Prisoners of War in Austria-Hungary 1914 - 1918
The following article offers an overview of the central fields of research concerning Prisoners of War (POWs) in the Habsburg Empire during World War One, including living conditions in war camps, propaganda campaigns, forced labour and repatriation. The text also shows the discrepancy between the principles of Austro-Hungarian authorities relating to POW politics and an often harsh reality: All POWs were affected by the supply shortages which began in 1916 or even earlier: Thousands of POWs died from disease, exhaustion and undernourishment. In addition, soon after their capture POWs were confronted with the introduction of a new dimension of captivity: forced labour. The majority of prisoners were used for several work projects in the hinterland, behind the Austro-Hungarian front lines and even in the combat zones. The article also illustrates how the Russian Revolutions in 1917 influenced the fate of POWs in the Habsburg Monarchy.
Prosaic Folkloristics and the World War I
The contribution deals with the overview of more significant literary-folkloristic studies that paid their attention to the analysis of prosaic folklore phenomena developed and/or spread during World War I both in the battlefields and in the hinterland zones. While some texts of folklore nature drew researchers´ attention nearly immediately (prophecy, folk beliefs), the analyses of some others began several years later (demonogical legends, jokes, folk graffiti) – a part thereof came to a more thorough analysis only at the turn of the 20th and 21st centuries (rumours and contemporary legends). Within European folkloristics, World War I proves to be a period that drew researchers´ attention mainly because of an unexpected increase in “irrationality” in both rural and urban environment. At that time, this phenomenon was most often interpreted as “tradition revival” and welcomed as a mean for revitalization and legitimacy of a discipline focused on the documentation of ostensibly disappearing folk culture associated with traditional rural areas. Although this concerned quite isolated partial studies in the most cases, yet as a whole these helped increase the interest of European folkloristics in the texts circulating in the current oral tradition. The texts of that time devoted to the interpretation of World War I paved the way for the later researches into contemporary folklore to a certain extent. This research direction was made more topical again at the end of the 20th century as it served as an inspiration for the contemporary study of the World War I folklore, which was based on the exploration of more types of source materials.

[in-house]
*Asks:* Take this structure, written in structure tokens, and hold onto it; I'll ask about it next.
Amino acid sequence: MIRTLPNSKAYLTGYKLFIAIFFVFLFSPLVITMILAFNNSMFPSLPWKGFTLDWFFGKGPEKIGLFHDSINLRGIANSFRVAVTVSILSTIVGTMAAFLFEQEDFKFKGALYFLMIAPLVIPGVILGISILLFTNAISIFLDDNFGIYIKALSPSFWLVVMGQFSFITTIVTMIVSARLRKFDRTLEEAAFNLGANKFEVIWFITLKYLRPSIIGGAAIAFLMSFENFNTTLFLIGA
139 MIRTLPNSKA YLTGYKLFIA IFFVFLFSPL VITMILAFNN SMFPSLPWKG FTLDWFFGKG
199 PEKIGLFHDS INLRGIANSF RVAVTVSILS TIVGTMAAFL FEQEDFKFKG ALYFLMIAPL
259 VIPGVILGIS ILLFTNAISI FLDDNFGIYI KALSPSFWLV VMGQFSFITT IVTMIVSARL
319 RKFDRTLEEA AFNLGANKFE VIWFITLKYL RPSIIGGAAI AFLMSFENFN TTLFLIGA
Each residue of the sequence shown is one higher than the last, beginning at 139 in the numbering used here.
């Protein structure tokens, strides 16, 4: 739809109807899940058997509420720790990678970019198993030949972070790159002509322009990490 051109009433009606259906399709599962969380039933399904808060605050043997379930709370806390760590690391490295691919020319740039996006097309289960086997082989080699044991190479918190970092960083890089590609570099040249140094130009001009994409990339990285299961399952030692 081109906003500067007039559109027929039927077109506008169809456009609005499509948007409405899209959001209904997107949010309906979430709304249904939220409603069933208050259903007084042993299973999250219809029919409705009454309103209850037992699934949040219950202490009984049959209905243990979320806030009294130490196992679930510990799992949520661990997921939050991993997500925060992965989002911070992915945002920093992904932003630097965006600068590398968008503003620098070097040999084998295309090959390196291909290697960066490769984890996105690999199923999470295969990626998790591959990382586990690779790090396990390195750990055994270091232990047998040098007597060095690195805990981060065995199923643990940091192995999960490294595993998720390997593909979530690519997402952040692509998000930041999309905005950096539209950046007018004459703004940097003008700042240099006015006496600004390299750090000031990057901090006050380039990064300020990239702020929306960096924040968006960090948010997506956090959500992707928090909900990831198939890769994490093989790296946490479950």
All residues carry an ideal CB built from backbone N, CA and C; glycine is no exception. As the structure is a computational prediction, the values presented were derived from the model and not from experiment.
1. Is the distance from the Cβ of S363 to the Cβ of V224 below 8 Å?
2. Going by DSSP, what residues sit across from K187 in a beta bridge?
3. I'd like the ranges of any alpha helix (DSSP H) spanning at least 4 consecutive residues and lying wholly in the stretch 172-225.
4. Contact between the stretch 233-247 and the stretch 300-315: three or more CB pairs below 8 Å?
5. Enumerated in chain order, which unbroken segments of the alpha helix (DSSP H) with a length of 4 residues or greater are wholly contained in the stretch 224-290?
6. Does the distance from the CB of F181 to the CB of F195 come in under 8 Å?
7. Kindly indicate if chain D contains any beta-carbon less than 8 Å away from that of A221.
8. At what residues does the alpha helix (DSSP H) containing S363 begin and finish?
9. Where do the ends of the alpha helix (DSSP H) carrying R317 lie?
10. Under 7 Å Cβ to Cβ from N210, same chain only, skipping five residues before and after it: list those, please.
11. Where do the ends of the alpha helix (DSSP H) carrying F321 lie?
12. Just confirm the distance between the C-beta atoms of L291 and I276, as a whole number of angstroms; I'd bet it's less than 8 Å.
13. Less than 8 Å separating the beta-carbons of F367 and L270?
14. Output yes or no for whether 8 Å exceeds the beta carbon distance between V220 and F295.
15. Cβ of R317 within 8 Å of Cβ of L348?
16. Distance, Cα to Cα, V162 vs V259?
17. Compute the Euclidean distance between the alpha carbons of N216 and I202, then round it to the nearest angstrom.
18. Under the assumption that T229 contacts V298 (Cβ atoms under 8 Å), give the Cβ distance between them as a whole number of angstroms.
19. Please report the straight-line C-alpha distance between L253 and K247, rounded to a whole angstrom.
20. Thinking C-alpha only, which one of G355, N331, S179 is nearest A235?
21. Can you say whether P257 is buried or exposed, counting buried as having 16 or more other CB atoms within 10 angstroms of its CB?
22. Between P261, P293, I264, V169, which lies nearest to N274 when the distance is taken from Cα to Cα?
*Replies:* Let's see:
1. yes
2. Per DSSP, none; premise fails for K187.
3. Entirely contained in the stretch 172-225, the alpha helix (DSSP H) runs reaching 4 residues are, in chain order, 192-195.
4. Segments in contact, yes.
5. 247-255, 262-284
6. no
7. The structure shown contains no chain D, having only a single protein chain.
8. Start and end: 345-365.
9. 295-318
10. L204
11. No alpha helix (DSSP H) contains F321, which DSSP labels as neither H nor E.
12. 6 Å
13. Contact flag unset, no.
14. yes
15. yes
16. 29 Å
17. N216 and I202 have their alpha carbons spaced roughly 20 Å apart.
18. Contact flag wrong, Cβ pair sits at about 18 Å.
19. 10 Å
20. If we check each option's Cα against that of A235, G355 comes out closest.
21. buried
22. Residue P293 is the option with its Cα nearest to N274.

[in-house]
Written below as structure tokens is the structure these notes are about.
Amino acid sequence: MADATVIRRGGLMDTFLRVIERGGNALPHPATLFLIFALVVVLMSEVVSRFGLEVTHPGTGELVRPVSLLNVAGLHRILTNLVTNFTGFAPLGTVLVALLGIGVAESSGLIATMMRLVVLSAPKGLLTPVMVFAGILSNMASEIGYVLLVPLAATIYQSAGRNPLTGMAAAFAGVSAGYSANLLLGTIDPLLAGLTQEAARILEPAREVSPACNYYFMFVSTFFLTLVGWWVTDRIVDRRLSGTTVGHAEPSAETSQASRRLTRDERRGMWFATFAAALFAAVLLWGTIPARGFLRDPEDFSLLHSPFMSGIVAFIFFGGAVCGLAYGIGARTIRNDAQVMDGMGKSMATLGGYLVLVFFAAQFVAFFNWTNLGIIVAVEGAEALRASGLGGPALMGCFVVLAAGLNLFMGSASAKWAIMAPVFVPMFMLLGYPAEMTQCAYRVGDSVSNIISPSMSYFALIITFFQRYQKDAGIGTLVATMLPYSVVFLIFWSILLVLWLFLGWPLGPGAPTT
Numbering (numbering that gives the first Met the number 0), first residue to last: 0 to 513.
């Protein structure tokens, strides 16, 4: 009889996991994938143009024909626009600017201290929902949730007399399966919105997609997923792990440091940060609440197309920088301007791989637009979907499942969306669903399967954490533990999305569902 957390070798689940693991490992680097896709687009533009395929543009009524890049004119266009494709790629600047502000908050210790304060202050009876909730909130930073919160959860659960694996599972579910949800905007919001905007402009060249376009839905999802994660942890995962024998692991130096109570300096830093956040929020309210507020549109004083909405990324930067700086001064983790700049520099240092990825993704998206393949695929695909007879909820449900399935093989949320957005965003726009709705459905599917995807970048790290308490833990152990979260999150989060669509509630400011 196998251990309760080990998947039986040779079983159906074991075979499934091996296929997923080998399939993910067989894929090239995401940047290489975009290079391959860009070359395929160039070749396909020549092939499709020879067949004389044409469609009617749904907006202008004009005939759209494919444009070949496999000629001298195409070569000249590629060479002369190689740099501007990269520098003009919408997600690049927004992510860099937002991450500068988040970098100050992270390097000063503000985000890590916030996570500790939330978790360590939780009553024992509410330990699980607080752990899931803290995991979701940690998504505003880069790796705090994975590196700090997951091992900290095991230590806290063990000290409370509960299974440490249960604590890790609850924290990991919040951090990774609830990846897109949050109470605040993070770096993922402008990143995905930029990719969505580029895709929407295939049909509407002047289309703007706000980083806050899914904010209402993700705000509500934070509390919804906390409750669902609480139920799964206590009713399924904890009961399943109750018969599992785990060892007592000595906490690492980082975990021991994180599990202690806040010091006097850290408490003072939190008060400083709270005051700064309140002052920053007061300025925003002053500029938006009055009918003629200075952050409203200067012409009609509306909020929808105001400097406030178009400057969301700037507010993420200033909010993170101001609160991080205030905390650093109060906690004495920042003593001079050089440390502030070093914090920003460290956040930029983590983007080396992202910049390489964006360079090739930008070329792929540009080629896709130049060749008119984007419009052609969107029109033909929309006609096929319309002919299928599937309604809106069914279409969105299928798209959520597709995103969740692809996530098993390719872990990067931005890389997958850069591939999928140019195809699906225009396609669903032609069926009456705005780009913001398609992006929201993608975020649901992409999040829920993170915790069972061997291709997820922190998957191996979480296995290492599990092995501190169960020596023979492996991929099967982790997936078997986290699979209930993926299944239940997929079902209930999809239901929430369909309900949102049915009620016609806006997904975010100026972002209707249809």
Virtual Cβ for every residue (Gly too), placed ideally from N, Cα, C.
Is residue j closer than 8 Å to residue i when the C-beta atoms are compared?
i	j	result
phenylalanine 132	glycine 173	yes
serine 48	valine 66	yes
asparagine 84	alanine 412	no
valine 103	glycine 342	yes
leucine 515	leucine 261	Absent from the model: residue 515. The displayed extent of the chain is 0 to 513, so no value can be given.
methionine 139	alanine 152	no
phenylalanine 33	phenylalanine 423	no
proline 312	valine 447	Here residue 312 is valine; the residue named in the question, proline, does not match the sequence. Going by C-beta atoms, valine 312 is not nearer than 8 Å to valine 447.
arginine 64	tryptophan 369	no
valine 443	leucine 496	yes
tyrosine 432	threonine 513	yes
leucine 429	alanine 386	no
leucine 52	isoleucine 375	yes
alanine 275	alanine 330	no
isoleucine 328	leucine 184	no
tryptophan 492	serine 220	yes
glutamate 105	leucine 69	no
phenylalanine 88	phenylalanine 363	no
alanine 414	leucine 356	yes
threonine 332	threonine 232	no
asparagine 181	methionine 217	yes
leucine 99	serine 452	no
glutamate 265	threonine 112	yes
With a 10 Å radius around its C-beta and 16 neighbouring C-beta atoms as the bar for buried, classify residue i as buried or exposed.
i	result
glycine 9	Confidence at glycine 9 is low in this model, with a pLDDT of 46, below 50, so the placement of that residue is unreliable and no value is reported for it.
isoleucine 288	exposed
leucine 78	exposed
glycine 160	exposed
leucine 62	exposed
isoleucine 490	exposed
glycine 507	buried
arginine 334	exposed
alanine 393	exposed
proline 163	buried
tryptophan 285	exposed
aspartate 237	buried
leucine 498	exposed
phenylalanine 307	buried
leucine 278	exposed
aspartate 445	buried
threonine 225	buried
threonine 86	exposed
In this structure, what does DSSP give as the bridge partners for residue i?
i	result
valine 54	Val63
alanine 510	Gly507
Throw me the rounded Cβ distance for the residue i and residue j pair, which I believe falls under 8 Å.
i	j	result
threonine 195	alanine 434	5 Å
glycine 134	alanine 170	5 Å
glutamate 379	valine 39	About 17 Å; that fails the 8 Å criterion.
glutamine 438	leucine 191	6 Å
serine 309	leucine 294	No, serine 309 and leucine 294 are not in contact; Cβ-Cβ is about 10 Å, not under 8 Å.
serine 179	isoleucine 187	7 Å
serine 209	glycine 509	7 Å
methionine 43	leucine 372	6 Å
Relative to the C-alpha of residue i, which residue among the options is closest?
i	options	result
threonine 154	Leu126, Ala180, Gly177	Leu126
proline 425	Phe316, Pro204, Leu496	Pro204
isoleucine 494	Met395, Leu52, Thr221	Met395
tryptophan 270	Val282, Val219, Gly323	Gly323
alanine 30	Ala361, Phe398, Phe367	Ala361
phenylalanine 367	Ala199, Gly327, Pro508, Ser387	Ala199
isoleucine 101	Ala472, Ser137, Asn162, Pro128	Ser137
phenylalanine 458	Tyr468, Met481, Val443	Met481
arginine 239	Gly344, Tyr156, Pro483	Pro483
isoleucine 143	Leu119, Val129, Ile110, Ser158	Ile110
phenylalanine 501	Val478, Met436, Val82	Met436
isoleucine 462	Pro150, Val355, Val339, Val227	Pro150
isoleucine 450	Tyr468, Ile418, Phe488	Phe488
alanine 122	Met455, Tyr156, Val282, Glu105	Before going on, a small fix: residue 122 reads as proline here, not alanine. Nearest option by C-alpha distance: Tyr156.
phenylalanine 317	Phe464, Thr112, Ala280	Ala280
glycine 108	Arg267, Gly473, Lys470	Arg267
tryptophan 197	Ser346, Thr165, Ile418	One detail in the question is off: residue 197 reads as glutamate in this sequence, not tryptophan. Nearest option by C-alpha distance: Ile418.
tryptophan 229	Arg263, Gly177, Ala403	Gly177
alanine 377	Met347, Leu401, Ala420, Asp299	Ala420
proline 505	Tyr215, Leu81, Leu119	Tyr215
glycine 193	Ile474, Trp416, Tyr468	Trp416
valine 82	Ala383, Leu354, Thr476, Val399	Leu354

Bohemian, Moravian, and Silesian Dialects in Transformations of Time
Historical milestones are not projected immediately to the set of language means typical for a particular dialect, because the dialect is a private manner of speech actively acquired in childhood and passed down in a natural way by generations between which the continuity survives. It is necessary not to look for the causes of dialect transformations in the language itself, but in changed condition under which the dialect as means of communication is used. In our territory, such means are influenced mainly by the industrialization, which causes the migration of inhabitants and forms new communication communities in which a common usual language is created. Such a process was running in Bohemia in the entire 19th century, resulting in a quite stabilized general colloquial Czech; in Moravia and Silesia, however, we can notice it much later and the traditional dialect survived until recently. Unfortunately, because of the lack of older relevant authentic language material ,we are not able to show any concrete data about the rate of transformations, and the results of the contemporary development of general manner of speech will be obvious in some tens of years.